For many students, the highlight of the school day is lunch. It offers time for talking with friends, eating, and of course a little gaming. On April 11th at this year’s sophomore retreat, however, that wasn’t the case. Of course, the students enjoyed playing basketball against their peers, mini golf, and the delicious crispy chicken fried steak. For this day, however, the highlight of the day was the bonds that formed between the class as a whole and the religious growth of many students through Ignatian Spirituality.

Mr. Daniel Dion, a sophomore and junior theology teacher, said “I appreciated getting to know some members of the sophomore class that I did not know.”

The Sophomores introduced themselves to their classmates in an icebreaker activity at the beginning of the retreat.

Dion continued, “Our conversations in a small group were honest, at times funny, and deep.” Activities within these groups ranged from drawing important emblems on paper plates to deep questions for reflection. Often times during the small group discussions, the students opened up and were more candid about what they were thinking, as they grew to trust their fellow group members as the day progressed.

Mr. Dion said, “I learned that this year’s sophomore class has matured into thoughtful young men who desire to figure out who they are as a class so they can contribute positively to Jesuit,” when reflecting over his personal growth during the retreat.

J.J. Tellez ’20 commented, “[I] took away new friendships made in the small groups and got to know those people better by hearing their thoughts and opinions.” Often times when students were put in groups with people they didn’t know very well, they were able to benefit more from the retreat experience because they wouldn’t be distracted by their friend and would end up being more introspective than they would if they knew everyone very well in their group.

The Sophomores then walked down to the lake with a random partner, reflecting about when they’re happiest.

“I learned from the Stand Up activity that for some of the things someone would stand up for would partially explain why they act the way they act,” mentioned Tellez.

The Stand Up activity was led by Mrs. Gerber. She read a statement or question, and if people agreed with it they stood stand up, then sat back down after a few seconds. For the majority of the topics, a large amount of students would stand up, generally because the statements were fairly basic questions about one’s family or background. However, for few lone statements, only a few people stood up among the rest of their sitting classmates.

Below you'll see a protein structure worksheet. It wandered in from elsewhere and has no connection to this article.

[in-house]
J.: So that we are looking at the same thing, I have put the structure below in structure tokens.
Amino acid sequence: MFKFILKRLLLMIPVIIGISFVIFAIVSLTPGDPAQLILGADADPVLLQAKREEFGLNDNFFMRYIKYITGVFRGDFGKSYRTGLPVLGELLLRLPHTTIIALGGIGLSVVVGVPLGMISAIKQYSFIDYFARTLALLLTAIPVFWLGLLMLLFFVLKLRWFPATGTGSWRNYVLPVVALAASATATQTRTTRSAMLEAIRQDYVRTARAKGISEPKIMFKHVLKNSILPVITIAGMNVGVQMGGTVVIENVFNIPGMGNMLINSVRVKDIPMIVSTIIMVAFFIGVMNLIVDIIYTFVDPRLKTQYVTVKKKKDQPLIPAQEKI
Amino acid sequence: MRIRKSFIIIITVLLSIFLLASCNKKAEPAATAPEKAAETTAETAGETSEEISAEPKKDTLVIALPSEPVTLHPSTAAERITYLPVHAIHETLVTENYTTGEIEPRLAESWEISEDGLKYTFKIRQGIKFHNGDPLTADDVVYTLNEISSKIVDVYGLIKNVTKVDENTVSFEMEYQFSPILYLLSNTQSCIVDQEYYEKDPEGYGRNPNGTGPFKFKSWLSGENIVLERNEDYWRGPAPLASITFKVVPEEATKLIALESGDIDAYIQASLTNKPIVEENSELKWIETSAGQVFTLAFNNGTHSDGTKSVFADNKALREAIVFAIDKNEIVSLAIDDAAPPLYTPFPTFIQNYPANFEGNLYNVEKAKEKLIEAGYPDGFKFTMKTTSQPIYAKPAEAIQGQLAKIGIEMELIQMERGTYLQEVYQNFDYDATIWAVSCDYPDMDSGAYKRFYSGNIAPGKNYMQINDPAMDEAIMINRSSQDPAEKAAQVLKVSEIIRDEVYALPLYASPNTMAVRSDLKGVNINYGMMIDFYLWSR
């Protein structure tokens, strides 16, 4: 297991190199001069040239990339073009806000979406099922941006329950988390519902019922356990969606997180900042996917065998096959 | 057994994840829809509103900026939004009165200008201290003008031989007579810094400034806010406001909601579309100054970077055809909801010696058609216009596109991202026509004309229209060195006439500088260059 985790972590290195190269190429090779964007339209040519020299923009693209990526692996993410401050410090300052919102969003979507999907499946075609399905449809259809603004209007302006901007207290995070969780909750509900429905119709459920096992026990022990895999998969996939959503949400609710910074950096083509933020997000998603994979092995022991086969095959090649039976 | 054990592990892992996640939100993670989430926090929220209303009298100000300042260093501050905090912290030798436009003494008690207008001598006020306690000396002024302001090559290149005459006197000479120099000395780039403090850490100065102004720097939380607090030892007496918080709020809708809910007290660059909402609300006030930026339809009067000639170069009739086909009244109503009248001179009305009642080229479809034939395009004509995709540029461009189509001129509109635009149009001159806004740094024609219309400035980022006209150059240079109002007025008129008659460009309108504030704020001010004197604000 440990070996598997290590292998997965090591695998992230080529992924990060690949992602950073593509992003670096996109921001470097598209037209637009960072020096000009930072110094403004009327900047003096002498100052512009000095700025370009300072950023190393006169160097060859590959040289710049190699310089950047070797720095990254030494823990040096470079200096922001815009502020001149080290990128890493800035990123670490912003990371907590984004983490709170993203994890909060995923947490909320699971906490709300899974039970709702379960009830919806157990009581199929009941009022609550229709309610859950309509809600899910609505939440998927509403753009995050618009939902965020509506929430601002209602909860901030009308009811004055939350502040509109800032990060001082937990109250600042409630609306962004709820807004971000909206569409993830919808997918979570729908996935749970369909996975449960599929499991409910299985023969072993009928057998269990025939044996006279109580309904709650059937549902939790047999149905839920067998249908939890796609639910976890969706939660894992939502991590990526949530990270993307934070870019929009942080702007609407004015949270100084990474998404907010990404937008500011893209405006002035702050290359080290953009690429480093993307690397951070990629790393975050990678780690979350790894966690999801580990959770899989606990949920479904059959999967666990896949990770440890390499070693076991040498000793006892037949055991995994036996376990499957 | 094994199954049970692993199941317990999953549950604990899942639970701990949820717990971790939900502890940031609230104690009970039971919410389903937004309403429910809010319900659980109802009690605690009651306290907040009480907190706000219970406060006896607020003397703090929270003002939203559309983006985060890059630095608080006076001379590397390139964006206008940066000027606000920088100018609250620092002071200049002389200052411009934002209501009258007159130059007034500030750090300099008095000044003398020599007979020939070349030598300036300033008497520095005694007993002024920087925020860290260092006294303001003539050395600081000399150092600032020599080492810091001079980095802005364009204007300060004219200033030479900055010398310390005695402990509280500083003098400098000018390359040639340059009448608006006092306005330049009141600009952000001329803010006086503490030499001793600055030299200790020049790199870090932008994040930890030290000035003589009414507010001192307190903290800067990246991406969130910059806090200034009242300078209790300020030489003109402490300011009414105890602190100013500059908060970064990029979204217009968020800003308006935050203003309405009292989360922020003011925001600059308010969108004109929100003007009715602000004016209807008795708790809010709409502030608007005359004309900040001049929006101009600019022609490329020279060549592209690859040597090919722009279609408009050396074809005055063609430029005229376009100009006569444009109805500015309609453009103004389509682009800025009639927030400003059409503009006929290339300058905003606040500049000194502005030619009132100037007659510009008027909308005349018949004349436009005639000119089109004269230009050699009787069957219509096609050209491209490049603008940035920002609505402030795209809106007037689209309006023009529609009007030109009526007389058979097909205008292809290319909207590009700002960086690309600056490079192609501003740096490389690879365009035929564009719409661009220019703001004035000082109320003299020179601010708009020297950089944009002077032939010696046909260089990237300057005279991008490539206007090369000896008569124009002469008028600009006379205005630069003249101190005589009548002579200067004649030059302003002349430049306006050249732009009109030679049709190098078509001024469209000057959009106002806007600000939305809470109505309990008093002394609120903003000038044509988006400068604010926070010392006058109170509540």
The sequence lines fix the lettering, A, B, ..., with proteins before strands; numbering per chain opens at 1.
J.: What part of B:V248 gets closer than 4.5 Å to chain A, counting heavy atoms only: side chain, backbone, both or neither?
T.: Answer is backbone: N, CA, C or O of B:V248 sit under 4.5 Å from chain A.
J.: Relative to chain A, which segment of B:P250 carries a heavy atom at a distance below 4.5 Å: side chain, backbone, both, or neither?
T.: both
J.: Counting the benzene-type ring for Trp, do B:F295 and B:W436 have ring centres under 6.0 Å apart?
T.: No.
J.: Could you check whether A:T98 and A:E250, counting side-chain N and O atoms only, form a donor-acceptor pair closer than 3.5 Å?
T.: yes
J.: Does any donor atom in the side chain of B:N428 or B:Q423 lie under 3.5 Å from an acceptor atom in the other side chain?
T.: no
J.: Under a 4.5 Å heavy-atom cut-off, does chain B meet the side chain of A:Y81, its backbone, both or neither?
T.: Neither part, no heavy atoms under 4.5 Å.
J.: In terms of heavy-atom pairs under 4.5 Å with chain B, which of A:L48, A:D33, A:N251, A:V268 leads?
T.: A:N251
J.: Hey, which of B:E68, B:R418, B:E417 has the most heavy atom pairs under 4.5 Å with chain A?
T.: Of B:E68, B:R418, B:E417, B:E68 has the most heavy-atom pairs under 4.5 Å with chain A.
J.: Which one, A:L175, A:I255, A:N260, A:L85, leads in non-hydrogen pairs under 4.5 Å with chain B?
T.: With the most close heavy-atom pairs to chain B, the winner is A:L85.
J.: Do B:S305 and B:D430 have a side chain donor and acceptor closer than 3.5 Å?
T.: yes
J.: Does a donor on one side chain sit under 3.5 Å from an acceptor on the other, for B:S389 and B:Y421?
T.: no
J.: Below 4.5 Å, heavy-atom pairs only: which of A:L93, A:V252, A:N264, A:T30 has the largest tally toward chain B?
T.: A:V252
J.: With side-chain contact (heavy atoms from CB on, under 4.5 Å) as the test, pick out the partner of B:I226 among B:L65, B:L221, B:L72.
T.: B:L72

Nash Crawford ’20, a group leader at the Midpoint Retreat, stated how “I took away many things from the retreat and learned lots of new things about people I knew as well as people I didn’t know as well.”

Nash Crawford ’20 sparks an insightful conversation with thought provoking questions.

“One thing I took away was how comfortable people can be in a safe environment, as my group started of slower like normal but soon was able to share deep thoughts, especially during the Stand Up activity and the summary,” continued Crawford.

Nash agreed with Tellez in that his favorite part was the Stand Up activity, “Because I learned that I was not the only one who dealt with some issues, and I felt comfortable standing.”

Crawford closed his remarks by mentioning how “I learned and will continue to apply listening to someone without judgement while also knowing that being available for people and having their trust creates unbreakable bonds.”

The sophomore retreat is called the Midpoint Retreat, because at that point in time for the sophomores, their time at Jesuit is nearly halfway finished. For many sophomores, their earlier time at Jesuit from their freshman year to now has flown by so quickly that they’ve barely even noticed the time passing by. After this retreat, there is little doubt that many sophomores will take what they learned to heart and perhaps slow down and enjoy their experience at Jesuit rather than rushing through their experience, like they did in their earlier years.